WordPress Translation Day Is Here, Go Translate!
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WordPress Translation Day Is Here, Go Translate!

WordPress Translation Day Is Here, Go Translate!


To those of us who started writing on the web more than a decade ago, WordPress will always remain the true leveler of the Internet playing field. While it was not the one to introduce one-click publishing — there were predecessors like LiveJournal and Blogger — it certainly was the content management system (CMS) and blogging platform that many of us fell in love with for its ease of use, clean interface, and availability in many, many languages. No wonder over 20% of websites globally now use WordPress.

WordPress has announced it is holding a Global Translation Day on April 24, 2016. The aims of this event are to:

  • Show people who are interested in translating WordPress into their languages how to get involved.
  • Translate and validate strings in current projects under the supervision of the current general translation editors.
  • Add more general translation editors to various translation teams.

WordPress Translation Day

Global WordPress Translation Day – April 24th, 2016. Source: https://wptranslationday.org/

Why is this event important to WordPress?

Like Google’s Translatathon events, it serves as a huge PR exercise, and reaches out to a lot of people who may not yet be aware of how they can contribute to such an effort. It helps generate great community feeling among contributors from all over the world. After all, a sense of community is key to WordPress’ existence.

It also helps focus the efforts of the crowd on larger priorities identified by a core group. In this case, this translation sprint seems to want to take care of all unattended strings before new projects begin. It also serves to gather people in one place, even if virtually, so that training happens more quickly and issues are resolved faster.

Also relevant for us here at Moravia is the importance of such mass translation events to the translation profession and industry itself. Our industry, despite generating a global revenue of $38 billion in 2015, and continuing to grow even in recession years, is one that’s often behind the scenes. Such events will hopefully raise the profile of the industry as well as drive home the importance of multilingual content in emerging economies such as India and Africa.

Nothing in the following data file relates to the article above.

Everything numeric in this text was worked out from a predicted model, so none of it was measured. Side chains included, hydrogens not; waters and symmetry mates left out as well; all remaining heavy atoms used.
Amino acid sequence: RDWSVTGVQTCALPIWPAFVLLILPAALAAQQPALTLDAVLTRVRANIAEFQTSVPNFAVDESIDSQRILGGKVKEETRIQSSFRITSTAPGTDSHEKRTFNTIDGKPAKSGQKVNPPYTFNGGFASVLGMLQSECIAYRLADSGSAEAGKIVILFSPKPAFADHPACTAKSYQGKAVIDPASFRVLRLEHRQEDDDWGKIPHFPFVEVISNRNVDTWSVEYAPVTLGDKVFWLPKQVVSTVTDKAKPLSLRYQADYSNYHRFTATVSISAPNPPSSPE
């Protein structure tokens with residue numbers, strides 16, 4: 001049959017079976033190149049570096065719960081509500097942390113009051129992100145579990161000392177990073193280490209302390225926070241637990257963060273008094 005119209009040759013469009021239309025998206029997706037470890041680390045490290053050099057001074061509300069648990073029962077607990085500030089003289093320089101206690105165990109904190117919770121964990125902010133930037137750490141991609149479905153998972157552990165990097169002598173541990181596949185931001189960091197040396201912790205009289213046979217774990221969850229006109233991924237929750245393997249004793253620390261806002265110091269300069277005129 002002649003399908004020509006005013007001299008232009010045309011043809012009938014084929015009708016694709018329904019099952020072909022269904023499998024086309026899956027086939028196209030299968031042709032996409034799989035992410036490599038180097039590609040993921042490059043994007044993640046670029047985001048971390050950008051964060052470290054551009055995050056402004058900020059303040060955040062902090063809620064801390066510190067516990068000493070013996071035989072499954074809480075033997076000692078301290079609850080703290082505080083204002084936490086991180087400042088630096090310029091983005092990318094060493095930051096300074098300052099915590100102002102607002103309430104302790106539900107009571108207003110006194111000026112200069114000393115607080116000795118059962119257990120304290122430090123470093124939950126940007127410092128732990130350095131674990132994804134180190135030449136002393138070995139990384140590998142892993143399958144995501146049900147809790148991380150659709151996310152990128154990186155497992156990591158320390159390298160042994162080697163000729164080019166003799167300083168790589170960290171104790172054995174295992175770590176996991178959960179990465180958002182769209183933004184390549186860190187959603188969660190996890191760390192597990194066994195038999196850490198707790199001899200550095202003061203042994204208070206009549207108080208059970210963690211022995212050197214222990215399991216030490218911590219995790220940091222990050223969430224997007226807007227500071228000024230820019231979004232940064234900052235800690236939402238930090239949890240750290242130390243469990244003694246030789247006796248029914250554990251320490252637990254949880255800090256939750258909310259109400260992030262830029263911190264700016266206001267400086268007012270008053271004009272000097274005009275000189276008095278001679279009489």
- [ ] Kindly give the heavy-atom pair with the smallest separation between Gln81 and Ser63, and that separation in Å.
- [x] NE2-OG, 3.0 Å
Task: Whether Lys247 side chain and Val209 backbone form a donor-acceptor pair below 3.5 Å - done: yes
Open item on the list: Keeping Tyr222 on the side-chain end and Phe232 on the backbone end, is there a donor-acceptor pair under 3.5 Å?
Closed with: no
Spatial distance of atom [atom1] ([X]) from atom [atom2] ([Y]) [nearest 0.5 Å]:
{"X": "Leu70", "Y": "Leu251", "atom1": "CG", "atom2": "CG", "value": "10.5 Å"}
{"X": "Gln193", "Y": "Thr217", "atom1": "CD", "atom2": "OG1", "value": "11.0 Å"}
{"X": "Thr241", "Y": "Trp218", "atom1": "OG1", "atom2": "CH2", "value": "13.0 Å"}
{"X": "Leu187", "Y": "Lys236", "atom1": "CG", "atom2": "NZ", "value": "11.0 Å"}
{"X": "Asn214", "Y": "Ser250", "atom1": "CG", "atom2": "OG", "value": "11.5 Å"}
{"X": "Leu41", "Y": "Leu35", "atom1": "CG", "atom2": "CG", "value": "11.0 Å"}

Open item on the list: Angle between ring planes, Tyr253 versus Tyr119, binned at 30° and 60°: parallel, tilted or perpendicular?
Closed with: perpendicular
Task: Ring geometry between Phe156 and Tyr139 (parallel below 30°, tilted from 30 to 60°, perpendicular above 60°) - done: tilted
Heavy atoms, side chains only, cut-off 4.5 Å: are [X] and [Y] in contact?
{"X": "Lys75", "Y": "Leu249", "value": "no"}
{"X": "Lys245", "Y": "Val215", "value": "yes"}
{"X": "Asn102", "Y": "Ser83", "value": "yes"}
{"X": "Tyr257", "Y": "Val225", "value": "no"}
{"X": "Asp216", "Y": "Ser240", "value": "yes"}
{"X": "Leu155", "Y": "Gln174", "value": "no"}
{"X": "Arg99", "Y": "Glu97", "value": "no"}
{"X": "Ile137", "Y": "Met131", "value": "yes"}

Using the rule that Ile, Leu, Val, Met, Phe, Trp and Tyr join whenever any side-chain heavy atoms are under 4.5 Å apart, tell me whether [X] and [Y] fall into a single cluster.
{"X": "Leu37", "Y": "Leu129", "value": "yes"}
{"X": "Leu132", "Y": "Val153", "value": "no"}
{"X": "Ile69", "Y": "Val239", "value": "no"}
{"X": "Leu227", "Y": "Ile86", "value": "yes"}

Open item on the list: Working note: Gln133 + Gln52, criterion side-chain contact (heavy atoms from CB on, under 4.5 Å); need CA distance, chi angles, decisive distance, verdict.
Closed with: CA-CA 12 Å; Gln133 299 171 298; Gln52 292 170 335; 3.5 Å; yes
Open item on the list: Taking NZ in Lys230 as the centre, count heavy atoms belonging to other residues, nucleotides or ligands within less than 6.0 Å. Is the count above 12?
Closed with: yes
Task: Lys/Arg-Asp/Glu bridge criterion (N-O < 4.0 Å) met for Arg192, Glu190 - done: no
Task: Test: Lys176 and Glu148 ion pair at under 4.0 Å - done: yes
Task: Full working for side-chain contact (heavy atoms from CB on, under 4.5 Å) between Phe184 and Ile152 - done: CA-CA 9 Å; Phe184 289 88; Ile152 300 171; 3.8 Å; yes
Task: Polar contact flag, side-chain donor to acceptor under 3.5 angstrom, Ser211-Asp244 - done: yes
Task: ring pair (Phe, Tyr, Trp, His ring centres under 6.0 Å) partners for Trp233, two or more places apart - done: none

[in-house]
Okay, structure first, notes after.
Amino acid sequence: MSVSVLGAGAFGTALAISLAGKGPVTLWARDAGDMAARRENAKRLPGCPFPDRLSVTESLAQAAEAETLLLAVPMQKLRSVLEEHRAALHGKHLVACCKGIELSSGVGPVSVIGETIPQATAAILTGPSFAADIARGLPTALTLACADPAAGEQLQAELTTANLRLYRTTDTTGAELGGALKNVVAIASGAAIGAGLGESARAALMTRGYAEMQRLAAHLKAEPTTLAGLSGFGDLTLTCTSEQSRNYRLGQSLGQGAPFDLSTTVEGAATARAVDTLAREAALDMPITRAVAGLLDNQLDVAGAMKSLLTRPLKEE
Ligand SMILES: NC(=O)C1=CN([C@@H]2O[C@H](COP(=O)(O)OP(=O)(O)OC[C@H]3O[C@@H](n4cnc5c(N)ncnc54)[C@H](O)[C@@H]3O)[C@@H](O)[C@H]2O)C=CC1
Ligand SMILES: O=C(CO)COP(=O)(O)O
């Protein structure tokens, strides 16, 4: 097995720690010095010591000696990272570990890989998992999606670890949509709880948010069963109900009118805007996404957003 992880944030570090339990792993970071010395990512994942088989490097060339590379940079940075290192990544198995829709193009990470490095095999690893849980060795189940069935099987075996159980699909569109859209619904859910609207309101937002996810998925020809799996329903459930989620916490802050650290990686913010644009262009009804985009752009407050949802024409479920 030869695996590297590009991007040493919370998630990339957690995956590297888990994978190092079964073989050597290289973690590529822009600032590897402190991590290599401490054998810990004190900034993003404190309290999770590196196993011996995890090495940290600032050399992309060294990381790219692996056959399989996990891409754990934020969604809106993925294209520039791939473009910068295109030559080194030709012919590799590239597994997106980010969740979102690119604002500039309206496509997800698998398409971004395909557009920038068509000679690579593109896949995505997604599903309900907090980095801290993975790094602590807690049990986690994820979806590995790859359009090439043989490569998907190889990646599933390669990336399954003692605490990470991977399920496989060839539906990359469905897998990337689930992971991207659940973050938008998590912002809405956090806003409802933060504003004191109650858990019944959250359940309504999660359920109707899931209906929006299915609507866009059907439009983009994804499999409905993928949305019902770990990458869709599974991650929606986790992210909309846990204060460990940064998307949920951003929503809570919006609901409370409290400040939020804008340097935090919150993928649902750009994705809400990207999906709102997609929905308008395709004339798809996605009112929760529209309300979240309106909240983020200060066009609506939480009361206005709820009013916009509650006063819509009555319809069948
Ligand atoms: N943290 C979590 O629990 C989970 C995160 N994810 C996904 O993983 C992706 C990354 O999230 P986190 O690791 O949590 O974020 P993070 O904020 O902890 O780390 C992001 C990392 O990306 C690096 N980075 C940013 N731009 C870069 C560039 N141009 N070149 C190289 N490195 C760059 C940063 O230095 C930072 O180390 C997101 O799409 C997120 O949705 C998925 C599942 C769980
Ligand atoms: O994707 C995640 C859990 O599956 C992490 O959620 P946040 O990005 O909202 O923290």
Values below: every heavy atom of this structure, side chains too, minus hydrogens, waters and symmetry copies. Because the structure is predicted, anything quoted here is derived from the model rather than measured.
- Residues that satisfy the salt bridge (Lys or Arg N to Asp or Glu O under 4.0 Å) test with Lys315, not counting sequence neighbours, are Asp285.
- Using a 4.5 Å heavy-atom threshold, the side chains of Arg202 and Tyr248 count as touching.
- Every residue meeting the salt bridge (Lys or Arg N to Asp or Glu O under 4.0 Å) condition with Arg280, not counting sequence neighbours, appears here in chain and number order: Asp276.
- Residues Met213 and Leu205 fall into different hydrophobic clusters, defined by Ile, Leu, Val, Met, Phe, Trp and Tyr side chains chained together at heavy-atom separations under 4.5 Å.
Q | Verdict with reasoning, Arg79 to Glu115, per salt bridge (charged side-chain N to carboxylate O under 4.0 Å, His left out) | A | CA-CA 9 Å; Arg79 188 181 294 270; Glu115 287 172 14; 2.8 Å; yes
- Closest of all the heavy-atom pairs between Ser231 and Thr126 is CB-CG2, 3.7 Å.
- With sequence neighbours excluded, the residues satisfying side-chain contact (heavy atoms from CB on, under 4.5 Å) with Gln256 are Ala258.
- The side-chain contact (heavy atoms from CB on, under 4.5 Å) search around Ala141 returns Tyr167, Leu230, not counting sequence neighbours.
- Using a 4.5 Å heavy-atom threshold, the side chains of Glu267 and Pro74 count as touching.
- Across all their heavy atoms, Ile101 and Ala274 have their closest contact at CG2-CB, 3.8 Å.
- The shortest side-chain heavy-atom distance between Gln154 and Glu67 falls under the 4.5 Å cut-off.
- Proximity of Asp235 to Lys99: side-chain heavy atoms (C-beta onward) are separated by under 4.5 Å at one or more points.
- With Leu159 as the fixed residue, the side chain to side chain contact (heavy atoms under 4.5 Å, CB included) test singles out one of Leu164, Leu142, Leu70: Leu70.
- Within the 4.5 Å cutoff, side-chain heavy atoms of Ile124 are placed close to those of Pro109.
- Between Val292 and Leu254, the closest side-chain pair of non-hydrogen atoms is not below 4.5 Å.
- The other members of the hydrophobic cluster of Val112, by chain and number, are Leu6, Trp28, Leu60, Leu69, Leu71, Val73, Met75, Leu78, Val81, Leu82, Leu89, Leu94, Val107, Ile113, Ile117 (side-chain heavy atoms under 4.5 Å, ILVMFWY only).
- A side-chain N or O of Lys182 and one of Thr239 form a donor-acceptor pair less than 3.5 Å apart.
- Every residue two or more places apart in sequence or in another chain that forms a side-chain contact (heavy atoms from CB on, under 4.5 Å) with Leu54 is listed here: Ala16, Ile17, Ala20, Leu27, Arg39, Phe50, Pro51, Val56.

Why is it important to you?

If you have a genuine interest in democratizing web publishing, this is your chance to help bring WordPress closer to your community. It’s also your window into the fascinating world of translation. If you run a business, pay close attention to the activity being generated in the languages of your target audience. It might be your cue to start supporting those languages on your website.

The WordPress localization journey

In honor of this event, we have created a brief timeline of localization milestones along WordPress’ journey of global growth:

2003: WordPress is released to the world in May. Barely six months later, its Japanese version is available.

2004: In the Mingus release, gettext internationalization opens WordPress up to every language.

2005: WordPress is already available in up to 26 languages, way above the website globalization norm of 16 languages. The Polyglots newsletter is also created this year to coordinate translation efforts. Later, the core team of volunteer translation managers at WordPress would also come to be known by the same name.

2008: Glotpress, a collaborative tool for translation, is born. To this day, it powers the translations for WordPress and related projects.

2014: All WordPress themes are required to be translation-ready. Matt Mullenweg, co-founder of WordPress, deemed it to be an important step in making the platform truly internationalized.

Version 4.0, released this year, streamlines language management in the admin console and brings language selection to the installation process. It is also the first time that non-English downloads surpass the number of English downloads.

2015: Work starts on Language packs for plugins.

2016: WordPress is available in more than 70 languages and counting, while the total number of locales with some level of localization done to date reaches 160.

We are excited about Global Translation Day and wish the Polyglots team at WordPress much success. We hope to report back on its results, so stay tuned!